- See Volume One, Chapter Ten, at the FNA Volumes Online area (found online as cited in the Related Internet Sites section below). See first paragraphs. When did the American conservation movement start to gain momentum? Describe one early conservation effort by a person and by a government. How is each effort still important today? Read the section Importance of Conserving Biodiversity, state the "four main lines of reasoning" regarding plant conservation, then give details of one, and describe how your chosen "line" would affect you and the world around you. Read the section Contributions of Plant Conservation Efforts, then cite an organization, national agency or law, and describe its conservation effort(s). Read the section Present and Future Challenges, then give one example of what needs to be done, and explain why it is important. Option: For the first and third activities just above, see also the writings at the Web sites: Evolution of American Conservation Movement and U.S. EPA Laws and Regulations. (Their urls are cited in the Related Internet Sites section below.)
- See the area for the FNA Volumes Online, or the area for the FNA Editorial Centers. (Their urls are cited in the Related Internet Sites section below.) Find a volume, then chapter, or center. Follow links to plant information, choose a plant, and describe the plant's features following the basic aspects (which you found when answering Question/Activity no. 1 above). Next, describe that plant in the different ways botanists described plants in past times (which you found when answering Question/Activity no. 3 above).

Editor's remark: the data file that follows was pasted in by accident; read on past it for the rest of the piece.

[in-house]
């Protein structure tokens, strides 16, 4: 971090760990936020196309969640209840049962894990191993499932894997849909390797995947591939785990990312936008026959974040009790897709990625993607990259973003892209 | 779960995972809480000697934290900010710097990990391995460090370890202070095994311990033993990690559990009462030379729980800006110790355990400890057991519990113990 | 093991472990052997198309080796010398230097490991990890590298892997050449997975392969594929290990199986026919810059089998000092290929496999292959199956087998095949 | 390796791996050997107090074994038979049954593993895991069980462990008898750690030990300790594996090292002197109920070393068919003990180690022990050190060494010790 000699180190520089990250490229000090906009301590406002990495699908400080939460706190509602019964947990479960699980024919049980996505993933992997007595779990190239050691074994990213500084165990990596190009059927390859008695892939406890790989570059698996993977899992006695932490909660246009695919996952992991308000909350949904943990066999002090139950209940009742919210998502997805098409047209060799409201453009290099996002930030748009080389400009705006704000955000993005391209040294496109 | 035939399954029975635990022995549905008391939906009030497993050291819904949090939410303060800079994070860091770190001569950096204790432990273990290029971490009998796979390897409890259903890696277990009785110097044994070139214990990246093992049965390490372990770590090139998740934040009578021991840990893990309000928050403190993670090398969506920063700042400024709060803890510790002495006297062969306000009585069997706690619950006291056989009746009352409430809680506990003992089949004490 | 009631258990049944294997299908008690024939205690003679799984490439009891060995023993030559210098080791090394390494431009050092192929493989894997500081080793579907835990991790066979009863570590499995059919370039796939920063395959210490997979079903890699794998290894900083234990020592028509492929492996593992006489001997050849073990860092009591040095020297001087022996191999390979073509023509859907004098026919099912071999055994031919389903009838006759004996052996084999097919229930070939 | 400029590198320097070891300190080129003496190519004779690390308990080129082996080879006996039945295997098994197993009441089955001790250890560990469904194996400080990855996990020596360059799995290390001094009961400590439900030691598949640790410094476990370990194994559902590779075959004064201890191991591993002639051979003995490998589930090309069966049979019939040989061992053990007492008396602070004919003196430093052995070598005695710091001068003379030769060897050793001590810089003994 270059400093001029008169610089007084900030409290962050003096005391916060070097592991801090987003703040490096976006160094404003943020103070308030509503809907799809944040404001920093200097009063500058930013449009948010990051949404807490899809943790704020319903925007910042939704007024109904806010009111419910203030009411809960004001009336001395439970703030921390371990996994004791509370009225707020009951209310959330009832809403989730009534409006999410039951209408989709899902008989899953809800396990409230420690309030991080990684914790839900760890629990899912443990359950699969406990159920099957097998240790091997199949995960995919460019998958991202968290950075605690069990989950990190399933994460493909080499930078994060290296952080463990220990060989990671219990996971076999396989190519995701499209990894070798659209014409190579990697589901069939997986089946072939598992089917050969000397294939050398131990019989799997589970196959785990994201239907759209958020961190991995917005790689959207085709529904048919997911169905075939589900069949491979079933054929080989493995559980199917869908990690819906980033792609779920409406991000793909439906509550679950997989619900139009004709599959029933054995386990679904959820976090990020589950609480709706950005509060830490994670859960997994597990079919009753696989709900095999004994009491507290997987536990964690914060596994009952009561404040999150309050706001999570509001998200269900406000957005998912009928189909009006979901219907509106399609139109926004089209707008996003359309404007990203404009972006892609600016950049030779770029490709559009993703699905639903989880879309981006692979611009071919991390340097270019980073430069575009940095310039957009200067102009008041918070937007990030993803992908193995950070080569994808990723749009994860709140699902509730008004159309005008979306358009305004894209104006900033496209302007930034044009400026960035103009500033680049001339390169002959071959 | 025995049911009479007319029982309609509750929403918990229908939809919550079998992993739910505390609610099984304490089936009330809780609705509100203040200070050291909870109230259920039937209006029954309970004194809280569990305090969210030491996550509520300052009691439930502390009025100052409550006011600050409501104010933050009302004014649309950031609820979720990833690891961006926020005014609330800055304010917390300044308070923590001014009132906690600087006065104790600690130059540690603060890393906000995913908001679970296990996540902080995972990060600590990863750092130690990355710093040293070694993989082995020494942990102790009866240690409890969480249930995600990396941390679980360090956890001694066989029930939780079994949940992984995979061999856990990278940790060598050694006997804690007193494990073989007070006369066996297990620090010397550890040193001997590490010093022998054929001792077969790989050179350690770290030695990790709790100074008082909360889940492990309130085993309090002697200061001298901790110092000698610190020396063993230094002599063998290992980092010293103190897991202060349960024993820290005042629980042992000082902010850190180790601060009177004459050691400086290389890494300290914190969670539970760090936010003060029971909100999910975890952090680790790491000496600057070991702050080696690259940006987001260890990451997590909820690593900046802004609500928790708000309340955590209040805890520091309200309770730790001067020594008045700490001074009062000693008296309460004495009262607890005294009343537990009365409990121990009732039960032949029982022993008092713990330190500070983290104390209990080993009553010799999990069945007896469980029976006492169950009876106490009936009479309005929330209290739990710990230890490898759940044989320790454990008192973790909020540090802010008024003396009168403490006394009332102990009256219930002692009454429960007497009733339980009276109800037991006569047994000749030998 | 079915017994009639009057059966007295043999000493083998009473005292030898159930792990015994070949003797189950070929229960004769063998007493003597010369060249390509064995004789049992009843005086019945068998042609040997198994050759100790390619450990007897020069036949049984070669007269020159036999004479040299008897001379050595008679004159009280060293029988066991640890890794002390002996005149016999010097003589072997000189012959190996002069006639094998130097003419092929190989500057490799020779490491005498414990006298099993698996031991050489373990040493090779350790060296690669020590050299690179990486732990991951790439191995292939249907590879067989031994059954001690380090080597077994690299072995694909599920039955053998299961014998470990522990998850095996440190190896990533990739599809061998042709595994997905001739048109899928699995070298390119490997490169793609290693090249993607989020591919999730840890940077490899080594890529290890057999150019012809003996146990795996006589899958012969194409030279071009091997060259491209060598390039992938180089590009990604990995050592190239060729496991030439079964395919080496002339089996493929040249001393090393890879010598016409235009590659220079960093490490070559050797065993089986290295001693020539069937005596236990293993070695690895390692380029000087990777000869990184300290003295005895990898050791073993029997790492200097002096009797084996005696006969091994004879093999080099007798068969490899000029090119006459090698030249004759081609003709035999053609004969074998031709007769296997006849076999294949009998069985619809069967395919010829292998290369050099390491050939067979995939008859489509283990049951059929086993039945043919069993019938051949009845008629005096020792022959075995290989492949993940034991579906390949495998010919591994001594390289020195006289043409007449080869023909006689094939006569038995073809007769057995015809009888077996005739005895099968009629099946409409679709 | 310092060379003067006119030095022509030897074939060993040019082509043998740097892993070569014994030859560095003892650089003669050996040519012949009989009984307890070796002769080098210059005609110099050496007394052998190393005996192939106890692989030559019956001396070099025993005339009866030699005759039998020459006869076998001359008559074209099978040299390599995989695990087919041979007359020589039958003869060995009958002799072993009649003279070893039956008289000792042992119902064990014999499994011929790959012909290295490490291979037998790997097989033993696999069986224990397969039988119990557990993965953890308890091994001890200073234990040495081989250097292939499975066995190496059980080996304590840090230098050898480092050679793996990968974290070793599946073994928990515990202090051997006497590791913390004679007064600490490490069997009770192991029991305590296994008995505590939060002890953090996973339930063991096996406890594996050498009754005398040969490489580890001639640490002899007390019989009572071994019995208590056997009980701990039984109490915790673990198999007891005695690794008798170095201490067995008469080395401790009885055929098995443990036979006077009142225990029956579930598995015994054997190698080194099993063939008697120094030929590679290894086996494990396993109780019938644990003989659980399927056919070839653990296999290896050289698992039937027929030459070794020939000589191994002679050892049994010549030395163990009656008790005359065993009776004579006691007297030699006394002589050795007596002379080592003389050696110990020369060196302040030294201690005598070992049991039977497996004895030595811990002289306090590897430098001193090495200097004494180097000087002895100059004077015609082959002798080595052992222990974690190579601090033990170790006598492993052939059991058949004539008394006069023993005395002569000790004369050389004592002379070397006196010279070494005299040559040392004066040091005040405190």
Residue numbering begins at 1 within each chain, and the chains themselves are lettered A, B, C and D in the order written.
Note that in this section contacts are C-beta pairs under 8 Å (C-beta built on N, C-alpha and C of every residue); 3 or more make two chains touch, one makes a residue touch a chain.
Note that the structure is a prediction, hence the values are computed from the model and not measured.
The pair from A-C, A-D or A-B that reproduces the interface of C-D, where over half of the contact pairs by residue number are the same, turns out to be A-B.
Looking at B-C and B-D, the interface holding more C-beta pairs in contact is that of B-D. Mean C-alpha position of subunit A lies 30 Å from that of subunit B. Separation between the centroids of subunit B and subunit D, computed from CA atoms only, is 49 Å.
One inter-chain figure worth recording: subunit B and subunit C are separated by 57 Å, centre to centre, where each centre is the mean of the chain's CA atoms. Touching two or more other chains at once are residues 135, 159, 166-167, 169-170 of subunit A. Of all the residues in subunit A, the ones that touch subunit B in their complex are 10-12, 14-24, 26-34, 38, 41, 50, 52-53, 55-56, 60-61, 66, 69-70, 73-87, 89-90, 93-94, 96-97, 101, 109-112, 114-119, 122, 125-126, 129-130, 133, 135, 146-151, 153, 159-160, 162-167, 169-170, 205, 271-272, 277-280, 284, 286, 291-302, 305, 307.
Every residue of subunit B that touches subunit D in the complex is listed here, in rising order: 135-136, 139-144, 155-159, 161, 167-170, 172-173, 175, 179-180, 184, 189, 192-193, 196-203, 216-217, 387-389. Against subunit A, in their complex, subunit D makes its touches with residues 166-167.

RELATED INTERNET SITE(S)
Flora of North America—Published Volumes Online
Click Volume One Contents link, then link to Introduction by Nancy Morin and Richard Spellenberg, noting especially Historical Background, FNA Project, and Resources. Note also links to fifteen chapters sub-divided by topics, including Arthur Conquist's A Commentary on the General System of Classification of Flowering Plants (Chapter Fourteen); James L. Reveal's Flowering Plant Families—An Overview (Chapter Fifteen); G. Ledyard Stebbins' Concepts of Species and Genera (Chapter Eleven); and George Yatskievych and Richard Spellenberg's Plant Conservation in the Flora of North America Region (Chapter Ten). (Volume Two on Pteridophytes and Gymnosperms, Volume Three on Magnolisphyta, and Volume Twenty-Two on Magnoliophyta, will soon be online.)
Links go to the current issue, and archive of past issues for updates on the FNA Project.
Flora of North America—Editorial Centers
Scroll to, then click, the link to the Editorial Centers. Links go to particular editorial centers where botanical scientists are providing information for the FNA Project. Note these institutions' noted botanical scientists in charge of their institutions' FNA affiliation.
American Society of Plant Taxonomists—Newsletter
http://www.sysbot.org (click newsletter link)
Evolution of American Conservation Movement, 1850–1920
EPA (U.S. Environmental Protection Agency) Laws and Regulations